Regulatory Environments for Youth Savings in the Developing World: Identification and Control

Scarlett Aldebot-Green, New America
Thursday, October 16, 2014

To protect youth and financial institutions, we note that as policies around access and management are made more flexible, there will be a greater need for a solid, protective regulatory framework and adequate oversight.

Regulatory Environments for Youth Savings in the Developing World Blog Series Launch

Scarlett Aldebot-Green, New America
Thursday, October 9, 2014

Creating fertile environments for youth savings at financial institutions in the developing world could certainly lower the threshold of profitability for financial institutions by creating a larger pool of clients or by lowering or subsidizing the cost to financial institutions of doing business with those clients, at least in the short-term. 

Youth-Centered Policy-Making: Balancing Rights and Protections

Scarlett Aldebot-Green, New America Foundation
Friday, August 22, 2014

"those seeking to recommend policies, particularly in the context of a development framework, must be exceptionally calculated in their recommendations and must, at times, acknowledge that, while broad frameworks can create a point of departure, local stake-holders, particularly youth themselves and groups that work closely with youth, might be better positioned to craft context-specific policies that strike the necessary balance between rights and protections."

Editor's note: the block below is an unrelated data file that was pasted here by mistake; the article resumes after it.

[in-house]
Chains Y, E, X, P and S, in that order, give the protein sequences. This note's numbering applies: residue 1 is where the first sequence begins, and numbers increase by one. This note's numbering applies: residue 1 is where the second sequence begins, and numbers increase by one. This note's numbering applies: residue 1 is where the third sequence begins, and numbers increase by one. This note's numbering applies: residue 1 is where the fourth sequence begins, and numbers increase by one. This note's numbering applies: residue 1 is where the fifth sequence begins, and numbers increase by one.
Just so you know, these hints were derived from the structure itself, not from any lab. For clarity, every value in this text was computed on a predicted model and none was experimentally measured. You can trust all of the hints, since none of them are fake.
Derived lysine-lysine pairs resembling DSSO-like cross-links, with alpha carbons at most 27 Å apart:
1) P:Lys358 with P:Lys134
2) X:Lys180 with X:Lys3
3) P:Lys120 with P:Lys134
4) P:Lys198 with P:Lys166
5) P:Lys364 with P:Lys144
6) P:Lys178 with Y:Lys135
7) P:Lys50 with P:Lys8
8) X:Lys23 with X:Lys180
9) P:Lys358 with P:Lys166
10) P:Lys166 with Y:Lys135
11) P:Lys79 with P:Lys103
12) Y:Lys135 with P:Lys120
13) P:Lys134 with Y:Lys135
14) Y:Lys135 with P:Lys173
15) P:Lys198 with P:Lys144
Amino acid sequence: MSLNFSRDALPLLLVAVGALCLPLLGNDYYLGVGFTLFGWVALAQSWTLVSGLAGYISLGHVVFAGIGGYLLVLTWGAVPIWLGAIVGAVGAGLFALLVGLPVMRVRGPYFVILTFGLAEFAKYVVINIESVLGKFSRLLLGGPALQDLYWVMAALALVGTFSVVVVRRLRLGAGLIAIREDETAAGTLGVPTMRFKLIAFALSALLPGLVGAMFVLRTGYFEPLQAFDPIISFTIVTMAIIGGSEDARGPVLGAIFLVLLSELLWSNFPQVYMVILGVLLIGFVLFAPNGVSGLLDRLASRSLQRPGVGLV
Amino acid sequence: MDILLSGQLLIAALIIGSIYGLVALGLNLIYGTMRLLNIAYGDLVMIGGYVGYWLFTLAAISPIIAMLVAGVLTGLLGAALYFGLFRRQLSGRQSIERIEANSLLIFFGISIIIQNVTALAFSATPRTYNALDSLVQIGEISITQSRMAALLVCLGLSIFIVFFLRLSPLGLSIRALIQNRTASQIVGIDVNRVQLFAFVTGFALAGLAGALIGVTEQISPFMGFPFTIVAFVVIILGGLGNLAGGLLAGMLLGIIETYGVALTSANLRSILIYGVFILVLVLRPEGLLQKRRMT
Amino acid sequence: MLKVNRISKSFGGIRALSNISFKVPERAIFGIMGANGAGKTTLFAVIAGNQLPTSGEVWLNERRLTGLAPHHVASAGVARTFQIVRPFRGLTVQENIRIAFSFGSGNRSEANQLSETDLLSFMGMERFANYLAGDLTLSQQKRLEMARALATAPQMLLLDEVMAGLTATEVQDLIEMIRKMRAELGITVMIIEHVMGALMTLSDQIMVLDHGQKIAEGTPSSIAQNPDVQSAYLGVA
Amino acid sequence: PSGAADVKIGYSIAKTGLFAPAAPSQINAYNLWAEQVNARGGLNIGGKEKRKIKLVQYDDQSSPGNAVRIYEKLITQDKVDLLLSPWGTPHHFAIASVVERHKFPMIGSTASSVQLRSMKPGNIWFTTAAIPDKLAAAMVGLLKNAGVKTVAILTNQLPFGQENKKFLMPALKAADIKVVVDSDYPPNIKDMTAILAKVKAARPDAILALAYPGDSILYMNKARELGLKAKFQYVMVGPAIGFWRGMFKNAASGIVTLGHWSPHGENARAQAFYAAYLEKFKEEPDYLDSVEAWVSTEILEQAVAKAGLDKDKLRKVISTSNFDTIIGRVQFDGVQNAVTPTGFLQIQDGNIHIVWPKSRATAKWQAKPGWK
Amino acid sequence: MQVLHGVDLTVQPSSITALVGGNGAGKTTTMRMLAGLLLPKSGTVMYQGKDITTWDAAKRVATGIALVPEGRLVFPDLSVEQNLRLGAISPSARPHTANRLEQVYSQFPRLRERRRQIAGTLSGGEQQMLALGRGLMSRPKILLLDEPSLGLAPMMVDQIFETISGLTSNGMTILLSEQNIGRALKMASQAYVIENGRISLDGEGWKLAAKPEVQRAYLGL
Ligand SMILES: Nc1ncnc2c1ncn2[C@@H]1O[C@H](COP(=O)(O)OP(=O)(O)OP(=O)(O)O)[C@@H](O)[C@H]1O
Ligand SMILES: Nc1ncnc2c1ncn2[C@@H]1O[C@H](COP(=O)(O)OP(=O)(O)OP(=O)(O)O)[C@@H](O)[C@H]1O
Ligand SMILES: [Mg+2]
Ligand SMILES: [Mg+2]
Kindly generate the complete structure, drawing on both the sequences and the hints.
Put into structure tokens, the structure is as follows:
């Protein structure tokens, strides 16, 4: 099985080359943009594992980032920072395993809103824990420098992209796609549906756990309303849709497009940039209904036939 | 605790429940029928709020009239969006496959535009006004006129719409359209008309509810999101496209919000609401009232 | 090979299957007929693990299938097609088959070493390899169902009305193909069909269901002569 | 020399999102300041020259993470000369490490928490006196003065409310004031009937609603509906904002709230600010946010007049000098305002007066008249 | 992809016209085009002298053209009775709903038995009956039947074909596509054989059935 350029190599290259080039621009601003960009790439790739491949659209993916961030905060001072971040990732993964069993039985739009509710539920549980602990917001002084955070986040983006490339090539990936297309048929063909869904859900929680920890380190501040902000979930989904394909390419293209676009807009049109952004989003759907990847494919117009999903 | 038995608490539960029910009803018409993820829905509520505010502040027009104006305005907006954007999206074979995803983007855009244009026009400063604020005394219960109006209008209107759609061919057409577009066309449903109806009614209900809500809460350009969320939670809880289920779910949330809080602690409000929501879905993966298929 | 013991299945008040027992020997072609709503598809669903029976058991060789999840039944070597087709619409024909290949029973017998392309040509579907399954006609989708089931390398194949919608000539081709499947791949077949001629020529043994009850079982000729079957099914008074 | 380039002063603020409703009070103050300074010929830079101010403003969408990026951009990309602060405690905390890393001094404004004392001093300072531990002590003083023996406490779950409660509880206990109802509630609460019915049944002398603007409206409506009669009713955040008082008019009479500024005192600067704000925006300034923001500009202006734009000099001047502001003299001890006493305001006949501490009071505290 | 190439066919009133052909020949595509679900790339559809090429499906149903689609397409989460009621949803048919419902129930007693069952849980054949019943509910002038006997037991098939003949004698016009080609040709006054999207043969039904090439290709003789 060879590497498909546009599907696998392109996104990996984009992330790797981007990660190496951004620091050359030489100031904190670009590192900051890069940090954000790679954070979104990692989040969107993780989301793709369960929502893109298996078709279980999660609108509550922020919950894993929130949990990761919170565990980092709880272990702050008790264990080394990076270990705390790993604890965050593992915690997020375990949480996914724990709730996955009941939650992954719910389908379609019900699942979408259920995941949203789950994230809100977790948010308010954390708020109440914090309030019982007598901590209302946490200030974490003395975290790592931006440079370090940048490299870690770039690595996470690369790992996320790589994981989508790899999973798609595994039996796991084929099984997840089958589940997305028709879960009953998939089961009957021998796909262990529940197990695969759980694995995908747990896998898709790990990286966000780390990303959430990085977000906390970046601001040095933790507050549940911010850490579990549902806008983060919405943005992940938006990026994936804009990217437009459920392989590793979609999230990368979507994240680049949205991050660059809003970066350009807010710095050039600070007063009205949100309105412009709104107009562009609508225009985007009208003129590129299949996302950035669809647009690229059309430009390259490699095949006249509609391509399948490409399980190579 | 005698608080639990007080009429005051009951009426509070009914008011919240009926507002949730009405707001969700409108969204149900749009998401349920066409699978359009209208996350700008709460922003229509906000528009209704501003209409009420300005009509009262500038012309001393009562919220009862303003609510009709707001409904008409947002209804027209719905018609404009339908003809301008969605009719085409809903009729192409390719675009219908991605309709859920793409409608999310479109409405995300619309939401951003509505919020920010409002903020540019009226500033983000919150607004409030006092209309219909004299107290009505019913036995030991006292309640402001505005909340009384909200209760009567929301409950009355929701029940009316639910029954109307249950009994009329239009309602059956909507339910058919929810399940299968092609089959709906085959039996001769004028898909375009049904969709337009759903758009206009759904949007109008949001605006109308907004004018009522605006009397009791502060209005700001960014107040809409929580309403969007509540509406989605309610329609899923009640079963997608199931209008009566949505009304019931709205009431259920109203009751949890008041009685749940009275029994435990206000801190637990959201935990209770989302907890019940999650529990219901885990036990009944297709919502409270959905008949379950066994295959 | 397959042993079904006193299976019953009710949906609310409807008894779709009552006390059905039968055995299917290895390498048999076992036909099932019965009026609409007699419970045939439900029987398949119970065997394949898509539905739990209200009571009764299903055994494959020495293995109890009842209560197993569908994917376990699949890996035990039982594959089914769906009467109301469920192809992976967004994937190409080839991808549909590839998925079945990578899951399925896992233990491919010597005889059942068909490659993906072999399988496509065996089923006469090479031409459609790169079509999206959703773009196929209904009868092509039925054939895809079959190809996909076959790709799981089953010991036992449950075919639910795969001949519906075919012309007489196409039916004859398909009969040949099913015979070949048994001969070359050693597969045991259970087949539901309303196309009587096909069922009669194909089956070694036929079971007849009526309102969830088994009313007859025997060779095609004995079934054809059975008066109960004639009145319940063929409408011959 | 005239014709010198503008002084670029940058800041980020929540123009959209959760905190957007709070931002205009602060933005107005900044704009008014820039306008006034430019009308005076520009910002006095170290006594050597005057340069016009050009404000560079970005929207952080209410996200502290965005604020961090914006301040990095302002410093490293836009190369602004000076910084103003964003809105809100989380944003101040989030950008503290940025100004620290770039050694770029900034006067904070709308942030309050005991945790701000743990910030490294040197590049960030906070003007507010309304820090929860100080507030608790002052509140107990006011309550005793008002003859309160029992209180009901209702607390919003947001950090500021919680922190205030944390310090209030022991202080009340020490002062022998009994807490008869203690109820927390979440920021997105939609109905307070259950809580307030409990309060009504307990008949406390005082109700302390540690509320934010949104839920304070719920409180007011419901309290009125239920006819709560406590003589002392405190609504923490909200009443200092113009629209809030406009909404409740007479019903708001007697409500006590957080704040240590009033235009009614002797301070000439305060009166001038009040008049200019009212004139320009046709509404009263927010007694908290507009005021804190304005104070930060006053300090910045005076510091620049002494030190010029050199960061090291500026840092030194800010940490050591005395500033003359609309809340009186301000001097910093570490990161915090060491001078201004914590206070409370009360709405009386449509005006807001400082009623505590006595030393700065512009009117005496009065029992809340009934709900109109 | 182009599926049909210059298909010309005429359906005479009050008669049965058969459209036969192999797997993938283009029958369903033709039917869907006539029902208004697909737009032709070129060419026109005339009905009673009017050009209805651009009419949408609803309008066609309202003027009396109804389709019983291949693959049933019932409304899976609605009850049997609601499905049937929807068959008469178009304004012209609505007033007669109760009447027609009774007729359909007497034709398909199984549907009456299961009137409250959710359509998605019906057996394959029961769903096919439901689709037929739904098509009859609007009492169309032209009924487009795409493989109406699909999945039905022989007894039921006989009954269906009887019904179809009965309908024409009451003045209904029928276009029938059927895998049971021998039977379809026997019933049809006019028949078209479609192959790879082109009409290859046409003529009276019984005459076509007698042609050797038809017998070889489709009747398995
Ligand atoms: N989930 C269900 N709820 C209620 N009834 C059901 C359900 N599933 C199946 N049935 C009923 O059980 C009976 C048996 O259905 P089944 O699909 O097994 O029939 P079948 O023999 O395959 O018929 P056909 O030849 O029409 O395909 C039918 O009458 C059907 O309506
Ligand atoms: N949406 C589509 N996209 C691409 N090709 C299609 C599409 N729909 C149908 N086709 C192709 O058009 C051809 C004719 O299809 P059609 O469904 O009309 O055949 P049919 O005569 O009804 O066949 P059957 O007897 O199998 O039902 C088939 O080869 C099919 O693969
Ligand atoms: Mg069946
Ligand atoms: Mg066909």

Analyzing the Business Case for Youth Savings

Tanaya Kilara, CGAP
Barbara Magnoni, President of EA Consultants
Monday, July 21, 2014

Youth under the age of 25 represent almost half of the world’s population today. For financial institutions, they are undoubtedly the clients of tomorrow. Yet many financial institutions steer clear from viewing youth as customers because it is difficult to serve them in a profitable manner. Marketing to these individuals is expensive, young customers generally operate in very small monetary amounts, and parents are their most significant influencers. Instead, financial institutions tend to focus on the more lucrative adult population and the short-term gains that come with that market.

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